<br />
A second part of his change to a woman that bothers me is the notion that that change can happen at all. If you did not grow up as a female, I don't feel you can ever understand womanhood. Girls are treated differently: they are given stricter rules by their parents, they are hooted at by strangers when they have done nothing to draw that attention, they have periods and the hassles and expenses that goes along with them. Or perhaps they never have a period or start very late and feel there is something physically wrong with them. There are many parts of girl culture that you cannot get if you weren't there on the ground floor. If I felt that I should have been born black and decided to start expressing that at 30, the black community rightly would not accept me as one of them. Similarly, referring to my brother as a woman or my sister ignores that difficult path of growing up a girl and the ways that it is unique.<br />
<br />
So far, IF he is transgendered doesn't seem to be a question that's crossed his mind. It appears that a while back, someone noticed how uncomfortable my brother is with himself, suggested he should try life as a woman, and he hasn't looked back since. My father has always been blindly accepting of anything my brother does, so my mom, sister, and I, not wanting to incur my father's wrath, haven't pushed the issue. If I thought this was making my brother happier or more confident, such pushing wouldn't be appropriate anyway. But the way he expresses himself as a woman is half-hearted, has involved almost no monetary investment in new clothes, a haircut, or anything beyond a couple $2 makeup products, and leaves him as insecure as he's ever been.

Hi, I have two sisters, and the oldest one (we're 6 years apart) we think or kinda discovered through accidently read messages on internet, etc... that she wants to be a man, she's almost 21 and until she was 14 years old she was a super girly normal sweet girl. The change in her was so radical... none of us understand... also... It's almost sure that she doesn't like girls... so we think she may want to be a gay-man, all this is so confusing, specially when going out w her and other people confuse her w a guy. It's awkward because for us she will always be our GIRL-DAUGHTER-Sister! <br />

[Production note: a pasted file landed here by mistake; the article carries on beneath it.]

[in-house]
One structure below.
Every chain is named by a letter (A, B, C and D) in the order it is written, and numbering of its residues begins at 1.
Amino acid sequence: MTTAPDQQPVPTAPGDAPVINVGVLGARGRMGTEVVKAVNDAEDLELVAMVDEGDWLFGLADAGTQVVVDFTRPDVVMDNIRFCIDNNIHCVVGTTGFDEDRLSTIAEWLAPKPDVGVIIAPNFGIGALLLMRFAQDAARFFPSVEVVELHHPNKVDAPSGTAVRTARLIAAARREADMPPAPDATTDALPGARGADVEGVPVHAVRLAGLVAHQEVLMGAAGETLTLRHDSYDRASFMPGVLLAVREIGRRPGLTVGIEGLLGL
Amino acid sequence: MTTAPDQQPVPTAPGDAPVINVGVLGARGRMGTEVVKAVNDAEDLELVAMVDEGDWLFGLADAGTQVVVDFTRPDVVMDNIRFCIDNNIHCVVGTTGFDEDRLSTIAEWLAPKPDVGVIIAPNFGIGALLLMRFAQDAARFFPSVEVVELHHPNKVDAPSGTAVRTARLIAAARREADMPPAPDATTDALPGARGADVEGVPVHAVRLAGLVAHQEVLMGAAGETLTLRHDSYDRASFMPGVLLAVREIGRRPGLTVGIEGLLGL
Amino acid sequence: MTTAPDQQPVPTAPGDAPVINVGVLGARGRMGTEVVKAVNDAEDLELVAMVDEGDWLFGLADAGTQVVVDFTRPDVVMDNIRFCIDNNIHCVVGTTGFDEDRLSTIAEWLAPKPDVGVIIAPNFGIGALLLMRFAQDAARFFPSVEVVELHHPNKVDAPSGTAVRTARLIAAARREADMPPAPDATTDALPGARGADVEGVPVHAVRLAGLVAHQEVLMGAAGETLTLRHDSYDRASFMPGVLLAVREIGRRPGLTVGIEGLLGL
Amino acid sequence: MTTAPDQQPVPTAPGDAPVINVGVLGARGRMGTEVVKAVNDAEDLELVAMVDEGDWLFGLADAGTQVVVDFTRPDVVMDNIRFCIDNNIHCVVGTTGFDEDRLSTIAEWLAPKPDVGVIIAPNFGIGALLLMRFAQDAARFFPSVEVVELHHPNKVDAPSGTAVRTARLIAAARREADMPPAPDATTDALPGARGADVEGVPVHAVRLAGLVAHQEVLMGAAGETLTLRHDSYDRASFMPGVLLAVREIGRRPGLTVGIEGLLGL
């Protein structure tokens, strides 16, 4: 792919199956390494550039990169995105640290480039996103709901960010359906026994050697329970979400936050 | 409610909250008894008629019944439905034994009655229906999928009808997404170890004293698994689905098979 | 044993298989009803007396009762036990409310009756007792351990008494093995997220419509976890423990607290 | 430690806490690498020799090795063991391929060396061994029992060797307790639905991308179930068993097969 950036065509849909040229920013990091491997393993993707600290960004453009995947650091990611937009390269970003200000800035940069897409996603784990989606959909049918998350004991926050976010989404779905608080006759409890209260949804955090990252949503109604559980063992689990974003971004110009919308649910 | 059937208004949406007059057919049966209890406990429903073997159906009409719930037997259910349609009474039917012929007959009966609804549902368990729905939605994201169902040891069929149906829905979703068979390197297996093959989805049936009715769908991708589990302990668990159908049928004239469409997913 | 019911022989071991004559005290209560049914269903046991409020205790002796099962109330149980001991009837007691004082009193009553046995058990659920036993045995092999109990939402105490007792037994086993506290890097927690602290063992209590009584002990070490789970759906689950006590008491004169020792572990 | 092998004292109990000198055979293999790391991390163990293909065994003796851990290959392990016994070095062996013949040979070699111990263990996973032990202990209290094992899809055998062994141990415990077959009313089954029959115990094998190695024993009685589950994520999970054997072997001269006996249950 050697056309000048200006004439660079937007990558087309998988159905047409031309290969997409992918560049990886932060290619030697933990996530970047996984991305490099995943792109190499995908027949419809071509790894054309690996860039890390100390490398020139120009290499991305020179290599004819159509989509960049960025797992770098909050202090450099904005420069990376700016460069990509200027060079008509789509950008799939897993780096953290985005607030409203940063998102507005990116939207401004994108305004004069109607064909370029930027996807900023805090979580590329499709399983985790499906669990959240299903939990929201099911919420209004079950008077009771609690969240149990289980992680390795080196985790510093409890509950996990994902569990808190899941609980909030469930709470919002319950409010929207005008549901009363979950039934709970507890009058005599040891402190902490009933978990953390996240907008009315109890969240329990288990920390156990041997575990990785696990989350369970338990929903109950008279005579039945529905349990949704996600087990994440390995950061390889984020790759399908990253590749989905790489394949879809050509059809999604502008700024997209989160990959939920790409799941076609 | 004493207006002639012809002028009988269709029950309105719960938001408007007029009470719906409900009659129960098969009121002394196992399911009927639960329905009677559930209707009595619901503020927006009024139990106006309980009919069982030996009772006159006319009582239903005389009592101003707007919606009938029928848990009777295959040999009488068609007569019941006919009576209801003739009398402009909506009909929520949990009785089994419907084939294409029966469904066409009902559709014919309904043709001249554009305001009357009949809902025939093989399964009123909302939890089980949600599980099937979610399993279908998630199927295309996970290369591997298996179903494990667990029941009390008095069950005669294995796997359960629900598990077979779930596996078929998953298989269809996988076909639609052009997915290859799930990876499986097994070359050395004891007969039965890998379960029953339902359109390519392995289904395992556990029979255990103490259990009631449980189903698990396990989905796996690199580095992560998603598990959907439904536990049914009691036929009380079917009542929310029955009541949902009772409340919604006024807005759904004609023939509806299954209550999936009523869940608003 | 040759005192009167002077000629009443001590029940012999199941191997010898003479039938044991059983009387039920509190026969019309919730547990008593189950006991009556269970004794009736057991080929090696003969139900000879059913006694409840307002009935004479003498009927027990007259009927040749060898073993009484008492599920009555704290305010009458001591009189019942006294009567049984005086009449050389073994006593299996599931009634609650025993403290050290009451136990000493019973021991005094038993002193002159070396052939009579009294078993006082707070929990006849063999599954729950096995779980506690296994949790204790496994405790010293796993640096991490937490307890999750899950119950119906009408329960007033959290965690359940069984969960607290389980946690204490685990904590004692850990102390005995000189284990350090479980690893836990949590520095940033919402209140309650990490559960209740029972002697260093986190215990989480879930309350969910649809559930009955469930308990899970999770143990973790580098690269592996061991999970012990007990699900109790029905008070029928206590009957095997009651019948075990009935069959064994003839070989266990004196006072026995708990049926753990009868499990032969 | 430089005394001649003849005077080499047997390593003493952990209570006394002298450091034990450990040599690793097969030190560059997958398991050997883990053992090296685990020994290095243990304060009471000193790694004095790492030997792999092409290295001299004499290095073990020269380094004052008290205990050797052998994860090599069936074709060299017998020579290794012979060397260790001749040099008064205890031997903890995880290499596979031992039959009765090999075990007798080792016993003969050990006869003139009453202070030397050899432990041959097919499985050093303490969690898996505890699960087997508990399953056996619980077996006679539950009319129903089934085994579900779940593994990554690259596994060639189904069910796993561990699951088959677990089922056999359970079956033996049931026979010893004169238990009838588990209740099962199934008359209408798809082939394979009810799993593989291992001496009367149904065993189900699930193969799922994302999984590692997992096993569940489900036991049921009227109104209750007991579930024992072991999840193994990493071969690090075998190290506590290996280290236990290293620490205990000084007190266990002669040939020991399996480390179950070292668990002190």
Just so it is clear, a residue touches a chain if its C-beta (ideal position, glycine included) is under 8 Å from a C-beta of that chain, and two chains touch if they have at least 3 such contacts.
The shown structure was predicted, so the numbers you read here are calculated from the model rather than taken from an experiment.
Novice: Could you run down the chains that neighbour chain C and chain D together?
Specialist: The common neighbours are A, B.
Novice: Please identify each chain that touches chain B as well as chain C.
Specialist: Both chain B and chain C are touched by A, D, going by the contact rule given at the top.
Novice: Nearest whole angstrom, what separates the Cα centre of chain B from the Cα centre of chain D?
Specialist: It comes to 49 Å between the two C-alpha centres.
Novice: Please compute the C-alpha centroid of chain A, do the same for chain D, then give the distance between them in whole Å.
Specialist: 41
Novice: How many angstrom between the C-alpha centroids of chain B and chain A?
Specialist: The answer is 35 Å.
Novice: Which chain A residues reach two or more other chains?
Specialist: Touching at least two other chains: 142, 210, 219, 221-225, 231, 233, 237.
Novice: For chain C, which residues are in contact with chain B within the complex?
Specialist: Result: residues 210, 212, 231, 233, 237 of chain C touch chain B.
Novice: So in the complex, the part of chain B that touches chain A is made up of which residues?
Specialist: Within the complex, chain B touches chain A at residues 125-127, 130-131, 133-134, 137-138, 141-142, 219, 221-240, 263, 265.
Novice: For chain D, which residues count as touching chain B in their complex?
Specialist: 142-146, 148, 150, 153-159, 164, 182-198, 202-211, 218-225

<br />
Unlike you, our relationship is very very good, but she never tells me anything about that subject.. is like it doesn't exist. It's so weird. <br />
<br />
Don't know what to do ... also, I'm always worry that she's not happy..and worry that if all this is something that has to do with a trauma, a rape or smt.... she's a student so maybe she has not gone to therapy cuz she doesn't have money for that and doesn't wanna ask dad or mom for that, they always fight though. I love her ... not him! :-(

Hi, I have two sisters, and the oldest one (we're 6 years apart) we think or kinda discovered through accidently read messages on internet, etc... that she wants to be a man, she's almost 21 and until she was 14 years old she was a super girly normal sweet girl. The change in her was so radical... none of us understand... also... It's almost sure that she doesn't like girls... so we think she may want to be a gay-man, all this is so confusing, specially when going out w her and other people confuse her w a guy. It's awkward because for us she will always be our GIRL-DAUGHTER-Sister! <br />
<br />
Unlike you, our relationship is very very good, but she never tells me anything about that subject.. is like it doesn't exist. It's so weird. <br />
<br />
Don't know what to do ... also, I'm always worry that she's not happy..and worry that if all this is something that has to do with a trauma, a rape or smt.... she's a student so maybe she has not gone to therapy cuz she doesn't have money for that and doesn't wanna ask dad or mom for that, they always fight though. I love her ... not him! :-(

Hi Alice,<br />
I just posted my own story about struggling with my brother transitioning to become my sister. I resinate with this idea of it just not making sense. For years what was happening in my family and with my sister made no sense to me. I found myself often alone trying to wrap my head around this unreal change. I would love to talk to you more. Thanks for sharing...Ali

I know exactly what you mean!

You're really a very special person & It's a shame your sister hasn't yet realized it. I wish you much success in your reading & other research. There's more available than one might think.

I tried to comment yesterday but my internet connection sucks. Anyway I just found out yesterday that my brother is transgender. If you want to talk on here I would be happy to. :)